sweet candy crush

I have no taste for electronic games since the conventional “brick games” 20 years ago. Back then, I got hooked on keeping up until the last level, but later realized what a little fool I had been to be burning candles for such non-sense. It was not an online game then, so my equal opponent is my own self to conquer all levels.

The computer games virtually evolved and its popularity took a quantum leap in the last 20 years, I observe. And now, I get blanked out sometimes when asked about what games I play in my social media account, because everybody is playing and seems to be enjoying it and I don’t. Simply because I don’t know any games and it does not interest me at all.

5 or 6 years ago, I tried playing “Farmtown”. The only good thing I found useful in “Farmtown” is: the re-living of my interactive connections with my childhood friends and classmates. I get to communicate with old and new acquaintances by asking if I could use a little help, or if they can be charitable enough to give me livelihood so I can buy things to cultivate my little virtual farm. But eventually, I got tired of asking help and my farm totally abandoned.

For almost 2 years, I receive incessant notifications in my Facebook account to join and play “The Candy Crush Saga.” Being a busy person of all sorts, I don’t want to buy time anymore just to waste for another “Farmtown-like” game.

I have never opened the application until 3 or 4 months ago. I tried to open it out of curiosity and found the serpent-like pathways in increasing levels and found the faces of my Facebook friends beside the levels they conquered. The background music was like hypnotizing me to try and taste the “candies”. So, I tried level 1. So simple and I’m not challenged at all. The voice behind “Sugar Crush!” at the end of a successful level is so hypnotizing as well, making me jump to level 2, then 3, then 4, and so on. The real battle begins when I already wanted to surpass everyone in the higher levels. I even used “cheats” to prolong my life and not ask “lives” from friends anymore. I became immortal, thus, the never-ending, time-consuming, and heartbreaking addiction of the “Candy Crush Saga”.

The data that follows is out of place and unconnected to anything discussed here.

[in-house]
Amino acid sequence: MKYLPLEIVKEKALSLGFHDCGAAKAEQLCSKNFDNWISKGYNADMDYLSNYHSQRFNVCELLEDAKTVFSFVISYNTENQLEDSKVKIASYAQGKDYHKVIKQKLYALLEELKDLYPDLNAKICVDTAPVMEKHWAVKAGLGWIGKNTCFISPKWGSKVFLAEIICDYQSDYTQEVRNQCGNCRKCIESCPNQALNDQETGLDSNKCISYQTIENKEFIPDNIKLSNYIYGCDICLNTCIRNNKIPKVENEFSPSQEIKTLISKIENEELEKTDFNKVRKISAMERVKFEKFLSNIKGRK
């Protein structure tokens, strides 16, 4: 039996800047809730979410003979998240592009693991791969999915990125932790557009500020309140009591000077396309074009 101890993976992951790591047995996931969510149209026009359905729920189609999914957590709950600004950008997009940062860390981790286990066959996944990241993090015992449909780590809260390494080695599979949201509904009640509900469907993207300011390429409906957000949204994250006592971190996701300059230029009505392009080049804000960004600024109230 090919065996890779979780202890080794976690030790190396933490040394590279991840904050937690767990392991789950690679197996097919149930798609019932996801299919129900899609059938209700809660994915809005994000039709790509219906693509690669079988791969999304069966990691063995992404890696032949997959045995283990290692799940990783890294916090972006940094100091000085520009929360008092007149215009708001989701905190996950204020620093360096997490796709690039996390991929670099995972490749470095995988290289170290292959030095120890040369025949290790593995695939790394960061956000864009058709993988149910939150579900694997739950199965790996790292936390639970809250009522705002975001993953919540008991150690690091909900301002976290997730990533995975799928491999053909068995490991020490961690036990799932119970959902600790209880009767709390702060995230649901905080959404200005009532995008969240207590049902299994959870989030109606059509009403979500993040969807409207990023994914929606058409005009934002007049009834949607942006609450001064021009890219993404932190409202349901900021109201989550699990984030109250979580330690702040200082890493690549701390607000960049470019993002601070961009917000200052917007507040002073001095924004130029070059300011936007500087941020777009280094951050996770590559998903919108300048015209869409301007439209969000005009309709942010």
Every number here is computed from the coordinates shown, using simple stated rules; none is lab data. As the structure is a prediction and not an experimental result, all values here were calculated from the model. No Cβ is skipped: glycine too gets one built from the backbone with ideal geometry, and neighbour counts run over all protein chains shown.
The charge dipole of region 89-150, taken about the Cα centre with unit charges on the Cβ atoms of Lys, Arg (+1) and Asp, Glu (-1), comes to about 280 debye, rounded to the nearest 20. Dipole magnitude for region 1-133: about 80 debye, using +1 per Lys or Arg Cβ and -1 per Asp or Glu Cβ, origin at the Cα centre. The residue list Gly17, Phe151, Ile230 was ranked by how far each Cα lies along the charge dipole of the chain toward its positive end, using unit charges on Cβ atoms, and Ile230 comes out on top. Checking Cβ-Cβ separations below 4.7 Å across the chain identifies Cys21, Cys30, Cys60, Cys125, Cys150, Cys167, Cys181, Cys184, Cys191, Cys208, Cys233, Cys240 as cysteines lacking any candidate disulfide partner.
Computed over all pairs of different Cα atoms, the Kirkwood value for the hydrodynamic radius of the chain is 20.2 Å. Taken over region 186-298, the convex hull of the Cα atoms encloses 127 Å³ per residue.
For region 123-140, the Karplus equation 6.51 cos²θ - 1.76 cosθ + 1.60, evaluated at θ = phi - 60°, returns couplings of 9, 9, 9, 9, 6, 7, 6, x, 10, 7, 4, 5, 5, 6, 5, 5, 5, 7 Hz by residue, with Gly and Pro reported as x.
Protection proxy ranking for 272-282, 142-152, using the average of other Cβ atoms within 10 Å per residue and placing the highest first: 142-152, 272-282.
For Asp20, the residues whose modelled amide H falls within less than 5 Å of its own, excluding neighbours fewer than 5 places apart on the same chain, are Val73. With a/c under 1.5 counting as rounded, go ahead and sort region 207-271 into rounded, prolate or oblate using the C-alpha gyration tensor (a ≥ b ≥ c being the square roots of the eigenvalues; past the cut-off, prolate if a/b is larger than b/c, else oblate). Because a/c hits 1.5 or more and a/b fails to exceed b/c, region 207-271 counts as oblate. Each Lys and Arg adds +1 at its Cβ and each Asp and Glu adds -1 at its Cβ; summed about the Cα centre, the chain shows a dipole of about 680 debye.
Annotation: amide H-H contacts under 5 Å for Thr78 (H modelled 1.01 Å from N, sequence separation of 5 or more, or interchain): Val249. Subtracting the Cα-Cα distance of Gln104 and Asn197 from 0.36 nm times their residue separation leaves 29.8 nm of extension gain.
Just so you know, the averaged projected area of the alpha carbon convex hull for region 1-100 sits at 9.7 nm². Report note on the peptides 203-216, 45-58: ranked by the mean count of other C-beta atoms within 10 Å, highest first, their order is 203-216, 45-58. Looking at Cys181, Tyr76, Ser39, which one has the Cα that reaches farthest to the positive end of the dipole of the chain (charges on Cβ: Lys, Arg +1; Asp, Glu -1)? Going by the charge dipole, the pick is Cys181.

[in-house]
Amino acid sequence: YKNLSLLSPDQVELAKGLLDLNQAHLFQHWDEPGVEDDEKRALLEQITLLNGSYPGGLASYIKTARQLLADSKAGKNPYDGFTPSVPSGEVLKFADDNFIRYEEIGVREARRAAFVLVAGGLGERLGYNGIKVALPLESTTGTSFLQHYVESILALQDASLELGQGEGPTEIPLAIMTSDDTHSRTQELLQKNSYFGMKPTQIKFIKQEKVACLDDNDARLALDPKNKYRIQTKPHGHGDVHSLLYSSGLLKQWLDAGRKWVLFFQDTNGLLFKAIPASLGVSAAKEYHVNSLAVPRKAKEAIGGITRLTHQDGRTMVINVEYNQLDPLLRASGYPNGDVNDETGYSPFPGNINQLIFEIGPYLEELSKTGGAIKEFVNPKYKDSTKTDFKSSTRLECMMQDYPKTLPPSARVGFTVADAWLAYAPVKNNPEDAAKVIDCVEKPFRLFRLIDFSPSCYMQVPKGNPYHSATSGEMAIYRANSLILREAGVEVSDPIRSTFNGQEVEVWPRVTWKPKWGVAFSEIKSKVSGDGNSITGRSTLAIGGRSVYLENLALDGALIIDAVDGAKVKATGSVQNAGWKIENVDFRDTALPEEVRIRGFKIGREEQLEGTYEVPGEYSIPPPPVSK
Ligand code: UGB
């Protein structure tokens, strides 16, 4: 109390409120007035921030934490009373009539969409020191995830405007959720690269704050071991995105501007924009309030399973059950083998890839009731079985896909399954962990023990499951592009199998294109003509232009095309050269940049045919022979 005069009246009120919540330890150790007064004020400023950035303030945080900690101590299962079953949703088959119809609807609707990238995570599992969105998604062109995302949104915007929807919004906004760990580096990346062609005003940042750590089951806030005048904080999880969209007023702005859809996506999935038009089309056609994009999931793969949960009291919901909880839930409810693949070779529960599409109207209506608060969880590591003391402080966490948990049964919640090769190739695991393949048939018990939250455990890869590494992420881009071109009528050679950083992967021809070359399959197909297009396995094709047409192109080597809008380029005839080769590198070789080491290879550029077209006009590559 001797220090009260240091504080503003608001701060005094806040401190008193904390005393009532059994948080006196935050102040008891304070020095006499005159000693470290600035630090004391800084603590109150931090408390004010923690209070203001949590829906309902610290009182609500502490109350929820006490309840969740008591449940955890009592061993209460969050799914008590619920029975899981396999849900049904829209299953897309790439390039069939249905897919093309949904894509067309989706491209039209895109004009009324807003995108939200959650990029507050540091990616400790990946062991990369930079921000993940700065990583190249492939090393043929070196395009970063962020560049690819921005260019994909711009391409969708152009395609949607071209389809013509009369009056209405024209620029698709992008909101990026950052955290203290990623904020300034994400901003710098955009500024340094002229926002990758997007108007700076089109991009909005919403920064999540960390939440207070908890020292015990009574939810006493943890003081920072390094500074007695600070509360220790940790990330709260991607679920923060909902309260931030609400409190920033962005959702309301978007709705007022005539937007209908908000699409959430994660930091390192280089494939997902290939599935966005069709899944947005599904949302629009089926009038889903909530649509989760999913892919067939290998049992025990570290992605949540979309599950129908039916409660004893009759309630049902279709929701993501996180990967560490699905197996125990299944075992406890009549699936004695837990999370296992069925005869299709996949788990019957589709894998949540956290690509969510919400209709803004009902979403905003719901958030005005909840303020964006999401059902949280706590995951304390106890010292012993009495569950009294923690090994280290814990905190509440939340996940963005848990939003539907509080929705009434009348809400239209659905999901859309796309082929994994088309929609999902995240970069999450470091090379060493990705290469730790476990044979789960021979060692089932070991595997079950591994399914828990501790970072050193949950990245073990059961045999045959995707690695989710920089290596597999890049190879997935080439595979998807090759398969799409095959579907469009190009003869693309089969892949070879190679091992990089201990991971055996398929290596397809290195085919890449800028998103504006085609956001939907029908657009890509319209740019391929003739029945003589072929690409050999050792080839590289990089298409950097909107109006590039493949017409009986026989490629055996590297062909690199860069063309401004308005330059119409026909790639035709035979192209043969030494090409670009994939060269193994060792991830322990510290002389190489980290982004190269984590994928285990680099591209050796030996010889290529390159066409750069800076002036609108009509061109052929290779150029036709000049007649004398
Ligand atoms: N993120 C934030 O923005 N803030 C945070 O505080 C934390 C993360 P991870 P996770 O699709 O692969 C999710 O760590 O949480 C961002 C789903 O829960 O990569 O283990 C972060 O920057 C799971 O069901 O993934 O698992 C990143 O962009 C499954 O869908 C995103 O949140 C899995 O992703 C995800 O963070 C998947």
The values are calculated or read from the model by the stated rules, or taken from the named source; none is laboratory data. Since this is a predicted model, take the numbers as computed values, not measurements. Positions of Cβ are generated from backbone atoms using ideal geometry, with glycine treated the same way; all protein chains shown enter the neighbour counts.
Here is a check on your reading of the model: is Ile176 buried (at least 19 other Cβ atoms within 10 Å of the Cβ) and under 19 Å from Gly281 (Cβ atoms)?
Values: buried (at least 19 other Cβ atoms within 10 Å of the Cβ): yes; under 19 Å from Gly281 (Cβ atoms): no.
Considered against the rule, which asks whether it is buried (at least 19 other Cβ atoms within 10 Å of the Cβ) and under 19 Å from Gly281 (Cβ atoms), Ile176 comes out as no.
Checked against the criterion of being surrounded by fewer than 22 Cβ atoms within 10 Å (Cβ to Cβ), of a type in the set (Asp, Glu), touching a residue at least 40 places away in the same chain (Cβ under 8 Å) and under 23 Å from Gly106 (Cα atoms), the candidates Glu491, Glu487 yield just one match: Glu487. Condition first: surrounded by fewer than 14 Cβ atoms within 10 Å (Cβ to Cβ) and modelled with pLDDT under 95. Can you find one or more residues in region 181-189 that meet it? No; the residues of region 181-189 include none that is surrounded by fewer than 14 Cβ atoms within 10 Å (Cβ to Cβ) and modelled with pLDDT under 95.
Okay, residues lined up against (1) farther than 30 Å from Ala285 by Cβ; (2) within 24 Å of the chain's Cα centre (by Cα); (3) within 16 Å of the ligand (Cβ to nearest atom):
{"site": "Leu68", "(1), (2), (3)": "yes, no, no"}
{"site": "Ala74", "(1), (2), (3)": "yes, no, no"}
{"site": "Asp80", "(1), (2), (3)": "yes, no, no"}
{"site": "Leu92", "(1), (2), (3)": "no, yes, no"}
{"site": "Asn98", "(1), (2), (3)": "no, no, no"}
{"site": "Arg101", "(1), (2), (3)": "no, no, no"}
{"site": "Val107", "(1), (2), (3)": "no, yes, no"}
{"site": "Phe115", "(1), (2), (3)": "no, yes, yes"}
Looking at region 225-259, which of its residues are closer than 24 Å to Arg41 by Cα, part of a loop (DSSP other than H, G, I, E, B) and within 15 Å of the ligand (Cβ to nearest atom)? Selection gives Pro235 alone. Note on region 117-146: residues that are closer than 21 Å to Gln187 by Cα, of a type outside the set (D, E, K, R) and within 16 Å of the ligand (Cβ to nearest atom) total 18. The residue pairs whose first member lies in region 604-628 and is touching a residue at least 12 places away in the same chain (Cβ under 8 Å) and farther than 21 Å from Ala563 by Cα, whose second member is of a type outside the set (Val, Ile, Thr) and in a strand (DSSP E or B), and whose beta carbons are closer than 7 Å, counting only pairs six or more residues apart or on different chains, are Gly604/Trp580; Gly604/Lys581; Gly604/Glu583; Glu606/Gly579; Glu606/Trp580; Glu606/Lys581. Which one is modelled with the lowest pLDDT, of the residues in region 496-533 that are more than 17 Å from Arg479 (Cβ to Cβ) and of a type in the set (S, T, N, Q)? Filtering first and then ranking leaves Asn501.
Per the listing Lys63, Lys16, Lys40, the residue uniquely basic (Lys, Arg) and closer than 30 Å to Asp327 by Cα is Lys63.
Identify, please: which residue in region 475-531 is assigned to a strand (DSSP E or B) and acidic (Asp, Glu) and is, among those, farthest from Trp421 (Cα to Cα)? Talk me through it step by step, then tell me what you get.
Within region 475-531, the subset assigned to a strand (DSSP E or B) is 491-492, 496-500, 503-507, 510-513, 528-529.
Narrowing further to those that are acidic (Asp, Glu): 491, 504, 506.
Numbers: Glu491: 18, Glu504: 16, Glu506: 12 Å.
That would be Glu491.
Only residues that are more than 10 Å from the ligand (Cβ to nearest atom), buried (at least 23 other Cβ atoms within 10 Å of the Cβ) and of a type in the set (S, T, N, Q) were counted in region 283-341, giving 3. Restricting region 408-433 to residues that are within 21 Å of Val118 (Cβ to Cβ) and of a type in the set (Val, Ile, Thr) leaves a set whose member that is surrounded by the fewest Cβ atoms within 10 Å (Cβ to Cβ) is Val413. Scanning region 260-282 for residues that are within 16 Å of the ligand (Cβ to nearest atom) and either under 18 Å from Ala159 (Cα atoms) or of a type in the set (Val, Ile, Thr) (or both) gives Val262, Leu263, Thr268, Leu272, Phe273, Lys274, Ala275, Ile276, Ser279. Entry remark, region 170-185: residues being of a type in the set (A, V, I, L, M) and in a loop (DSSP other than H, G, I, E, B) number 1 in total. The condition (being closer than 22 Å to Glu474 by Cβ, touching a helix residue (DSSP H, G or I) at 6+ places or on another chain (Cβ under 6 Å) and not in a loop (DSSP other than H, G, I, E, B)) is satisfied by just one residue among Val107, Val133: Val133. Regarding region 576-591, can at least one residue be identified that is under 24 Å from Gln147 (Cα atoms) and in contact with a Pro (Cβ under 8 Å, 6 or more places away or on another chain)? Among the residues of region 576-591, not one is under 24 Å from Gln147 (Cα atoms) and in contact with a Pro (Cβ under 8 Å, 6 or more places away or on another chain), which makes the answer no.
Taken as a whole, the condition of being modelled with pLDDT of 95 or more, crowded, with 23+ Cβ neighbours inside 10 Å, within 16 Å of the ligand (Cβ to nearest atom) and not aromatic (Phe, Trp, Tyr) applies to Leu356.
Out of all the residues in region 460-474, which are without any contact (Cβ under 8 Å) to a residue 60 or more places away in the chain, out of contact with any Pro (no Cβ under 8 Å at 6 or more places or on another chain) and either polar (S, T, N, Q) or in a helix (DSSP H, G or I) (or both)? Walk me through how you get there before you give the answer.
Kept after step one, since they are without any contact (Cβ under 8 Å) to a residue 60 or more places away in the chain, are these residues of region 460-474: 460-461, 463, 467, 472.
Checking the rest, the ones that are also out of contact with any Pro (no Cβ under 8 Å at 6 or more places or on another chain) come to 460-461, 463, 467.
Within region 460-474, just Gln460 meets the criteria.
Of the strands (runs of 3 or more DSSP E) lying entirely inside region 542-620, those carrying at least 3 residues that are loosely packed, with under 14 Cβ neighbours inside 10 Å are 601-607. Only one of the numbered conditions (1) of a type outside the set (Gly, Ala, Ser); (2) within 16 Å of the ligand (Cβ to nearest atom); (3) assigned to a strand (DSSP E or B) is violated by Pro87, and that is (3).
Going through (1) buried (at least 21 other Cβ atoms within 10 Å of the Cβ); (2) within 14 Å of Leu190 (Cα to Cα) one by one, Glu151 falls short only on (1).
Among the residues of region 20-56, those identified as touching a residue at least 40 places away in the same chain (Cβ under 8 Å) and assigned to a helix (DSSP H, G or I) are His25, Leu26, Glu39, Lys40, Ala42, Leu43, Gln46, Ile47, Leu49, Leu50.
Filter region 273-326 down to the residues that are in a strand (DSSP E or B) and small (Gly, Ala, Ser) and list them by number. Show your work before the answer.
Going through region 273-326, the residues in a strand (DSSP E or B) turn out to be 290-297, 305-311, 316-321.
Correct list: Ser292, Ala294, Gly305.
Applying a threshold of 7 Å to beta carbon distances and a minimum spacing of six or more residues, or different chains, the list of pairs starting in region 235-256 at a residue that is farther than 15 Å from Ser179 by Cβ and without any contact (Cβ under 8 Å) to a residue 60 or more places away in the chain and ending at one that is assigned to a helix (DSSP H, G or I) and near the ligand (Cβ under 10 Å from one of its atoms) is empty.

I knew a lot of my friends who were equally hooked as me, even research in the internet shows the same stats. Considering that me and my friends were only a speck of the World Statistics, it is so alarming. Not only the Candy Crush in particular but all popular online games applications that are easily downloadable.  

I give credit to the joined forces of portable electronic gadgets, social media, and virtual computer games in giving birth to my so-called “Global Love Crisis” called “indifference”. Such disturbing apathy is widespread at homes and even in workplaces around the globe.

When I am playing hard and focused, I lose track of time and persons around the house.  I sometimes cannot even remember what meal I just ate, “did I just did a breakfast or a lunch?”  My productivity lessened and my personal relationship was affected. I wouldn’t even be blogging now had I not realized how rubbish online games are!

I was in level 137 in the Candy Crush Saga when my daughter was playing with my tablet and accidentally deleted the app. In a heartbeat, I was furious of a cold turkey; I cannot contain the feeling of abruptly letting go of the long and hard earned levels. But I eventually became very thankful to the clouds that the app was accidentally deleted. I broke free from the virtual world and came back to earth. Indeed, a blessing in disguise. 🙂



  1. angloswiss says:

    I was with you on the journey to game freedom. I did quite a lot, but also Farm Town. I even had five farms in Farm town and was so successful that it was no longer a success to enjoy. I did cold turkey and stopped all the Zynga stuff and farm Town, but I did start Sugar Crush some time ago. I find it a game i can leave or not, no problem. I do not play with friends and I even cancelled the app myself a few times, but now have it laying on my iPad for use or not. It is really getting your life back when you stop all those games. There should be a page in facebook – The gameless gamers and how we conquered the addiction.

    • wildflower says:

      Yes, I think that is a good page 🙂 I bet a lot of people can relate to it, just imagine the 500 million Candy Crush app uploads means the same number of game players. Notwithstanding the other million more uploads of other online games. Some could really use a little help from pages like that to conquer addiction 🙂

  2. Steven Clark says:

    I have not had the fortune of my daughters deleting something that had a destructive effect on me, but I do know how games can get addictive. My mother-in-law had passwords to two other Facebook accounts so she could manage their Farmville games. It was then she realized just how entrenched she was and gave it all up.

    Since then she’s made over 700 consecutive posts on her blog. Much better use of her time, I believe.

    I’m guessing you hugged your daughter for deleting the app?

    • wildflower says:

      You guessed right 🙂 And like your mother-in-law I also got to publish more posts than when I still had the app in my tab! To break my candy crush obsession, I had to have a turning point. I’m just glad my daughter did it for me 🙂

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